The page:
Ideas for Painting in the Garden

Painting out of doors has a special appeal for any aspiring artist trying to find artistic inspiration. But painting in the garden is a great way forward into landscape painting, for it contains lots of interesting subject matter for painting.

Where to Find Inspiration for Painting
Any garden, no matter how ordinary it might seem, offers interesting subject matter. Furthermore, the light that falls onto the garden is brighter than the light that filters indoors. There is also something invigorating about painting from life. It is more immediate and forces the artist to make quick decisions as the light changes. It is an excellent opportunity for the developing artist. Small wonder there are so many books on painting flowers alone.
Ideas for Oil Painting


Every garden has something to offer, no matter how small. If it has any of the following, something can be drawn from it:


Lawns, greenhouses, pots, hedges, pets, flowers, patios, trellises, sheds, children, pets, tools, allotments, hanging baskets, urns, garden ornaments, swings, conservatories, skylines, ponds and sunlight.


The smallest aspects of a garden offer potential for an interesting painting: rose heads lit up against a luscious backdrop, patio furniture casting long shadows across the lawn, children frolicking in jazzy costumes around the pool, a cat snoozing on a wall. The secret is to learn how to look at the garden with a fresh eye.

Great Subject Matter for Painting


At first glance, the garden might appear to have little to offer. However, the following steps might unearth hidden treasures within.


Looking at the garden with a fresh eye: Allow the attention to drift and the feet to roam. Take a notebook and make little sketches or notes of anything that might catch the eye, no matter how small or insignificant it might first seem. Losing oneself in this venture might encourage a fresh viewpoint, as though the garden had never been explored before.


Trying a different viewpoint: No matter how familiar a garden might seem, it harbours secrets. Venturing off the beaten track such as paths and lawns, even by a foot or so, will present a new view. A few feet to the left or right can change things radically, so too can kneeling down for a lower vantage point, or even by looking down.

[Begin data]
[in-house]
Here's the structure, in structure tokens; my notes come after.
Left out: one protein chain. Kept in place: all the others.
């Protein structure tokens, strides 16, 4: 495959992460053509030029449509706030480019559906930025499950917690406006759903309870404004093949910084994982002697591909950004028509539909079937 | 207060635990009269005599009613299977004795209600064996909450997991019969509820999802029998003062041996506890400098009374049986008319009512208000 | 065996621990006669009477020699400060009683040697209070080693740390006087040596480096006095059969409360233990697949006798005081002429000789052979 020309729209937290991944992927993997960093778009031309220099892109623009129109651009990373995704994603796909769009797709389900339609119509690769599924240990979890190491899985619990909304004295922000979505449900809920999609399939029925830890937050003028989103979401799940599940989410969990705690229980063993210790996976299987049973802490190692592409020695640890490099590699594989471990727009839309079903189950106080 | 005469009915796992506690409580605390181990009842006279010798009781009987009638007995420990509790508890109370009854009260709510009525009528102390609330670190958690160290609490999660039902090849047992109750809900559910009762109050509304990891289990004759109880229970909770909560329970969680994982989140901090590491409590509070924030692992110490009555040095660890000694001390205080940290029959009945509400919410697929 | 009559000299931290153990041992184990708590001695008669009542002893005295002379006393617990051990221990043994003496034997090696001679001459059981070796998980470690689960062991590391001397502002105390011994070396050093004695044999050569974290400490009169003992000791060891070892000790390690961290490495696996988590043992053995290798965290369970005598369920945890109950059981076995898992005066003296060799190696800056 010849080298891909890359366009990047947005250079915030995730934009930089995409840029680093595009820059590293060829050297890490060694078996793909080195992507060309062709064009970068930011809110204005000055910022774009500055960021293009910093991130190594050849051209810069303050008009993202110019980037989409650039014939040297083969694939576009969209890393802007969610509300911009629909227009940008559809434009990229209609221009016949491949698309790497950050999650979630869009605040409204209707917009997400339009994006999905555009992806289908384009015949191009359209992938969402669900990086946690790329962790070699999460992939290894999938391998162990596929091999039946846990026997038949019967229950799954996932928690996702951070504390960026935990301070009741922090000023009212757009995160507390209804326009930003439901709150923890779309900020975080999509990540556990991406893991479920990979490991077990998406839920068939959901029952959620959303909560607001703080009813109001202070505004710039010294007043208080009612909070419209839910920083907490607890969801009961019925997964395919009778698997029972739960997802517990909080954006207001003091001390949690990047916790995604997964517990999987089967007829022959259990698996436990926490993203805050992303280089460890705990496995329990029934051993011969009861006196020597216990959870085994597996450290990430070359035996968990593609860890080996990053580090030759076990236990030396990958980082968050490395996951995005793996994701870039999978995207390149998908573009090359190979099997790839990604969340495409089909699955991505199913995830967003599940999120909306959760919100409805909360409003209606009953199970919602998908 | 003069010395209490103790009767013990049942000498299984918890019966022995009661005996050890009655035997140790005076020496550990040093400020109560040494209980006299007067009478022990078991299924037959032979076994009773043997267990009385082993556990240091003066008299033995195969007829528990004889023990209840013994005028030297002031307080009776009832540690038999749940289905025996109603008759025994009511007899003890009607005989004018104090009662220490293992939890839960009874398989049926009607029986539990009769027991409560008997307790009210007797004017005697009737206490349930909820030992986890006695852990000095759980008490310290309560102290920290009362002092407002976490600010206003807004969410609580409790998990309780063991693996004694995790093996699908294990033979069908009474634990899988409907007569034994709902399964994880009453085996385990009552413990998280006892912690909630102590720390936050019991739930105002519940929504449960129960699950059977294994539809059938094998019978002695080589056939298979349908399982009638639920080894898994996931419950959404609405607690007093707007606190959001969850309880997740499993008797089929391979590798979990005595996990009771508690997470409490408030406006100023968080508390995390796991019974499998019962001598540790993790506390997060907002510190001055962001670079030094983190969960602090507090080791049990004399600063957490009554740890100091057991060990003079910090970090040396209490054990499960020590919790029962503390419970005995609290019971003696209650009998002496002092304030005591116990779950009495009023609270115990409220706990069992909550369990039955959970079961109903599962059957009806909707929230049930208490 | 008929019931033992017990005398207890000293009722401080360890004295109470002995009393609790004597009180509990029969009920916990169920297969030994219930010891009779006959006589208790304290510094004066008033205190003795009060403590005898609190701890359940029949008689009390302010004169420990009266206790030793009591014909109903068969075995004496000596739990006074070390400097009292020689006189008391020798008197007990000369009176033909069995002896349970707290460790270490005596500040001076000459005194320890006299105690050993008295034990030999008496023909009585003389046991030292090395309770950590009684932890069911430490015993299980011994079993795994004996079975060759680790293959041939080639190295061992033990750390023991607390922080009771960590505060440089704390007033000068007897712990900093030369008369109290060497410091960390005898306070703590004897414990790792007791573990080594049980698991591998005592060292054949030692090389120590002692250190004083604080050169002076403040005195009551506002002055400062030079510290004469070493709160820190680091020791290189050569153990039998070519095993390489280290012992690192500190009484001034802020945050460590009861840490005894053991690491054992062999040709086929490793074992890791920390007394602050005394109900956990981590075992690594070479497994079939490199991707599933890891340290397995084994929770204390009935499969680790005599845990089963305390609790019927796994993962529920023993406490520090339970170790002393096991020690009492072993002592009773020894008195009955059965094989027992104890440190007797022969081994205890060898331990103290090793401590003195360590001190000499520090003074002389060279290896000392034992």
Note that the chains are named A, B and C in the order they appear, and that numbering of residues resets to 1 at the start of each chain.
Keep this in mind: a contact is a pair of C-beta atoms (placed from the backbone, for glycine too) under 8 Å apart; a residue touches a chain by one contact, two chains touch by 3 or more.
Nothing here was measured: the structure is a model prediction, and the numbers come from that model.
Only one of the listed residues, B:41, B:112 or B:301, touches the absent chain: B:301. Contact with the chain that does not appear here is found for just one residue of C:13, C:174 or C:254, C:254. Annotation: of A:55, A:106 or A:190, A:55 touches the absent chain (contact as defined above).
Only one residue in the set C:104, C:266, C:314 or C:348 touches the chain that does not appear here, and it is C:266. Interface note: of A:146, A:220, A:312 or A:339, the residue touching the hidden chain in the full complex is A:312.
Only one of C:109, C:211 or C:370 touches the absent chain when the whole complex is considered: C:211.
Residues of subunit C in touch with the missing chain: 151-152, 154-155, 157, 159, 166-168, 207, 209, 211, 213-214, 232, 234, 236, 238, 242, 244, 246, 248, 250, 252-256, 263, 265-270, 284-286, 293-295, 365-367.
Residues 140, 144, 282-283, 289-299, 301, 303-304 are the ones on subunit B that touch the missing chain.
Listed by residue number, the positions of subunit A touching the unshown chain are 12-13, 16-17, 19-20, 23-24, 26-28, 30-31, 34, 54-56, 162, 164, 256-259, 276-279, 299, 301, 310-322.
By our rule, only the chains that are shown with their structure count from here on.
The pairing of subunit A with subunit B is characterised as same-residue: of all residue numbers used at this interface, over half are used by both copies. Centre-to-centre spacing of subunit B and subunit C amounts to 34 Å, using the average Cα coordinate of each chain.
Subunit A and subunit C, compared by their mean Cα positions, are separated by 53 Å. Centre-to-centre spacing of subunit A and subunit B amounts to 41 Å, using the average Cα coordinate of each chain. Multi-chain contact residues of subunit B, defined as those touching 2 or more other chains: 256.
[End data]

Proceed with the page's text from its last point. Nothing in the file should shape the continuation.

Different lighting: Make a note of where the sun falls in relation to the garden and how the sunlight shifts. Is there a particular part of the garden which is shady, or where a pool of sunlight persists? Revisit certain areas at different times of the day. They will look different again.





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The seasons: The garden is constantly changing and growing. The colours of autumn and spring adorns the garden in totally different ways. Summer intensifies the light and deepens the shadows; winter opens up the sky and makes the garden appear moor roomy. Take the view that the search for inspiration is ongoing. Something might strike the aspiring artist unexpectedly. 
 Composing a Picture

Backgrounds are important to a good painting. It doesn’t have to be colourful or eye-catching. In fact, simple or subdued is often ideal. A sun-dappled lawn, a wooden fence, brick walls, dense foliage or crazy paving would all make interesting backdrops to a focal point.

Opportunity for Still Life Oil Painting


A fuchsia head, a window box, a bird table or a water feature might seem mundane at first, but take on special significance when viewed from a certain angle or particular lighting conditions. Bright sunlight almost always transforms the most ordinary objects. Furthermore, mobile objects such as flower pots, gardening tools, deck chairs and vegetables can all be moved around and utilised as part of a composition.


Oil Painting from Life in the Garden


One does not have to venture far to find interesting subject matter from which to paint. The back garden is a treasure trove of interesting features if looked at in a certain way. Wandering off the beaten track and finding new viewpoints will encourage the artist to look upon the garden with a fresh eye. Revisiting locations at different times of the day, lighting conditions and seasons will open up new possibilities for painting. The garden also offers a selection of interesting backdrops from which to set up a focal point. No matter how ordinary a garden might first seem, it has something to offer the artist.
 Lighting effects at different times of the day (above) will make a particular subject matter look different. From top left, Early morning, noon, late afternoon, evening and overcast.
 This site comprise of pictures and excerpts taken from my 2 art instruction books. Oil Paintings from Your Garden can be purchased direct from the author, or through Amazon.


My other book, Oil Paintings from the Landscape can be purchased direct from Amazon.


© Rachel Shirley 2010